- Congress will again consider proposed legislation with the purpose of streamlining the exchange of health information between the Departments of Defense and Veterans Affairs.
On March 23, Representative David Roe (R-TN) reintroduced the Integrated Electronic Health Records for Military and Veterans Act (HR 1590), a prize program for the development of an integrated EHR system to connect the two departments. The proposed bill currently sits with the Committees on Armed Services and Veterans' Affairs.
"In fiscal year 2014, the VA completed more than 1.3 million claims. Unfortunately, it appears the VA is still not on track to keep their promise to completely eliminate the backlog in claims in 2015. This has gone on for far too long," Rep. Roe said in a public statement earlier this week.
Although a copy the proposed bill is not yet available, its precursor (HR 2055) is. That bill failed to pass the 113th Congress, making it as far as the Subcommittee on Military Personnel in June 2013. According to a copy of the text, the bill will have made $50 million available in the form of a cash prize assigned by the secretaries of both the DoD and VA.
Prior to making the award, the DoD and VA would be required to convene a joint panel to "establish the criteria for the development of a fully-integrated electronic health records program eligible for an award and contract."
Previous attempts at developing joint EHR platform, let alone a iEHR, came to a screeching halt in early 2014 when the DoD unveiled its plans to modernize its EHR system through a request for proposals as part of the DoD Healthcare Management System Modernization (DHMSM) Program.
The DoD's decision not to choose the Veterans Health Information Systems and Technology Architecture (VistA) EHR — it is not a finalist for the DHMSM contract — and instead opt for a commercial EHR solution effectively ended the joint development of iEHR over the past few years which cost more than $1 billion when all was said and done.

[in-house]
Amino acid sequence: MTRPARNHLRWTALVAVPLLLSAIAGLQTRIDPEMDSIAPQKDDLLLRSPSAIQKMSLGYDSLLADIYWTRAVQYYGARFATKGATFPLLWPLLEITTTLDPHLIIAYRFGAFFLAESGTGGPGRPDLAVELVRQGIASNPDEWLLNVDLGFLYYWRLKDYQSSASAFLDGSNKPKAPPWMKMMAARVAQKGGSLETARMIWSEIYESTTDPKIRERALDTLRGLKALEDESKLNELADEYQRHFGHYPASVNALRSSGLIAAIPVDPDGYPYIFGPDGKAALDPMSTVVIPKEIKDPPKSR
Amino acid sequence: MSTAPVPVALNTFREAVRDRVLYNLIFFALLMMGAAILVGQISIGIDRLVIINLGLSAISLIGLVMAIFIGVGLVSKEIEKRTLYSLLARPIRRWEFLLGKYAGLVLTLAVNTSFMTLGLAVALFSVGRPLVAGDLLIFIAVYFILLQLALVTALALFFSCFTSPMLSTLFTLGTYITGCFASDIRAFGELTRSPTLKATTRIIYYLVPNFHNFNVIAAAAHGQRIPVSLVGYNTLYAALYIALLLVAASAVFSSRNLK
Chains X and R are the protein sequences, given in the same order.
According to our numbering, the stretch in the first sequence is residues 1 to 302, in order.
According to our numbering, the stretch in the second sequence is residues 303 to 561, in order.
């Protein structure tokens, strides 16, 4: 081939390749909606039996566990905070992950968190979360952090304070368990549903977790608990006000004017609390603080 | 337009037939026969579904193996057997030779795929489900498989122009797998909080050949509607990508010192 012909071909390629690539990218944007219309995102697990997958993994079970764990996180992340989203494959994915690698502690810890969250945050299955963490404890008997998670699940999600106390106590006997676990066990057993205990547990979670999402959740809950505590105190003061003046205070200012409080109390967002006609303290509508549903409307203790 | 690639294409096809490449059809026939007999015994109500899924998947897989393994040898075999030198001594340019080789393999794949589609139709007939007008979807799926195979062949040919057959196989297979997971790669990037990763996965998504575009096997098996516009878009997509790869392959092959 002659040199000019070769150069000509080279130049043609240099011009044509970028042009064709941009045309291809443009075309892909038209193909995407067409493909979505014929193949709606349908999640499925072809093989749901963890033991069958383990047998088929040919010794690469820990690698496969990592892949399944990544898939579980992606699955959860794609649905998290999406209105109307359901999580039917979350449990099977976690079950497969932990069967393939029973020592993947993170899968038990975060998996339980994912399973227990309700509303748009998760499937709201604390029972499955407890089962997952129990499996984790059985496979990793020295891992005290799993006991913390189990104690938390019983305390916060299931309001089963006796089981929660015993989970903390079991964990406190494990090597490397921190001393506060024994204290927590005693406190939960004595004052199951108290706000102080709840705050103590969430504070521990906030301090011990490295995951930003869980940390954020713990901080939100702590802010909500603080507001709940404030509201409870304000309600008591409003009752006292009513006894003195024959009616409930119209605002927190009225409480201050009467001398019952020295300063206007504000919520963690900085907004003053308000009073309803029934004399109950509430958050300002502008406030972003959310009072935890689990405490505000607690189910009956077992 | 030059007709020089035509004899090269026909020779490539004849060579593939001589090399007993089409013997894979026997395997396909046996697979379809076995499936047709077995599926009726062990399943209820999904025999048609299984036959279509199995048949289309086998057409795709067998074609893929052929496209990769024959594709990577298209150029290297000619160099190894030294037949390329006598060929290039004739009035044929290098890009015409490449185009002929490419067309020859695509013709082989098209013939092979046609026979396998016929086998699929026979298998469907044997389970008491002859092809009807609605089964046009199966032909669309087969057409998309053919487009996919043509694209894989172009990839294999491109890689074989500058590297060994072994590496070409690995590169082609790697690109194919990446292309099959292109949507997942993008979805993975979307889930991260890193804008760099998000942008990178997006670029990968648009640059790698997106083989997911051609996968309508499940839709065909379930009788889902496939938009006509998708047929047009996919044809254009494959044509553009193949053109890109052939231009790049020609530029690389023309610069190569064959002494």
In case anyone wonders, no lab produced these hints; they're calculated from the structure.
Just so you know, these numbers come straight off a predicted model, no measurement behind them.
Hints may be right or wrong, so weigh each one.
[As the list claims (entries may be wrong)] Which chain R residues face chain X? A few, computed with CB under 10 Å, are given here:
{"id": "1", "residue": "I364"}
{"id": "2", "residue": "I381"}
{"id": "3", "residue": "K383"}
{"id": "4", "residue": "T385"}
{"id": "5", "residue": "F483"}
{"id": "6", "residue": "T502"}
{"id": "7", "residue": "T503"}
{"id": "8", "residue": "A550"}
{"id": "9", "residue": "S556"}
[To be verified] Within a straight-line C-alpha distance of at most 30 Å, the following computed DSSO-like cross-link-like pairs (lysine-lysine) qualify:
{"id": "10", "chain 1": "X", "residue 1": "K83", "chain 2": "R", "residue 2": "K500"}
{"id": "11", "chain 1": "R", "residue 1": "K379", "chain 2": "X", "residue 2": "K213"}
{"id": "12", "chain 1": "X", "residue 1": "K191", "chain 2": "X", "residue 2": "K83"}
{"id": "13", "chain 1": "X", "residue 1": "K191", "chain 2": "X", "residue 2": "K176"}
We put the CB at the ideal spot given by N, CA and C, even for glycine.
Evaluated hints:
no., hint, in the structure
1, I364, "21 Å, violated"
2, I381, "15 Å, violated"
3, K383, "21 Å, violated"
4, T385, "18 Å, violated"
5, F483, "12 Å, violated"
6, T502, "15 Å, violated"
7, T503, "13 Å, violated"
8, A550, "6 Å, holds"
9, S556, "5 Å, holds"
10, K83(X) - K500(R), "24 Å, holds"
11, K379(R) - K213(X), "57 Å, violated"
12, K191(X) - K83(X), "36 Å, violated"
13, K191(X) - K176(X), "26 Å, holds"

Despite the failure to develop a joint iEHR platform, interoperability between the DoD and VA is approving according to Program Executive Officer for the DHMSM program Christopher Miller. In an interview with FCW, work is still continues but progress is being made.
"I view success through the eyes of our clinicians and our users. And that's who I'm listening to right now," he maintained. "They seem happier than they've been. I don't think we're ever completely done here. I think we've got work to do. But they are able to see and access more information than they had been previously."
The data exchange between the DoD and VA health systems occurs through the Janus Joint Legacy Viewer, which has enabled access to the health data of 5.9 million shared patients.
With the deployment of the DoD's replacement EHR technology scheduled for 2022, the ability to achieve EHR interoperability between the two departments is intimately tied to the DoD's choice of a new EHR platform.
Until that occurs, legacy ad-hoc health IT solutions remain the most common mechanism for health data exchange. The reintroduced legislation to develop a joint iEHR would likely lead to more time and energy being expended on an outdated plan as the private sector is already in the process of leveraging application programming interfaces (APIs) and third-party solutions to realize true interoperability.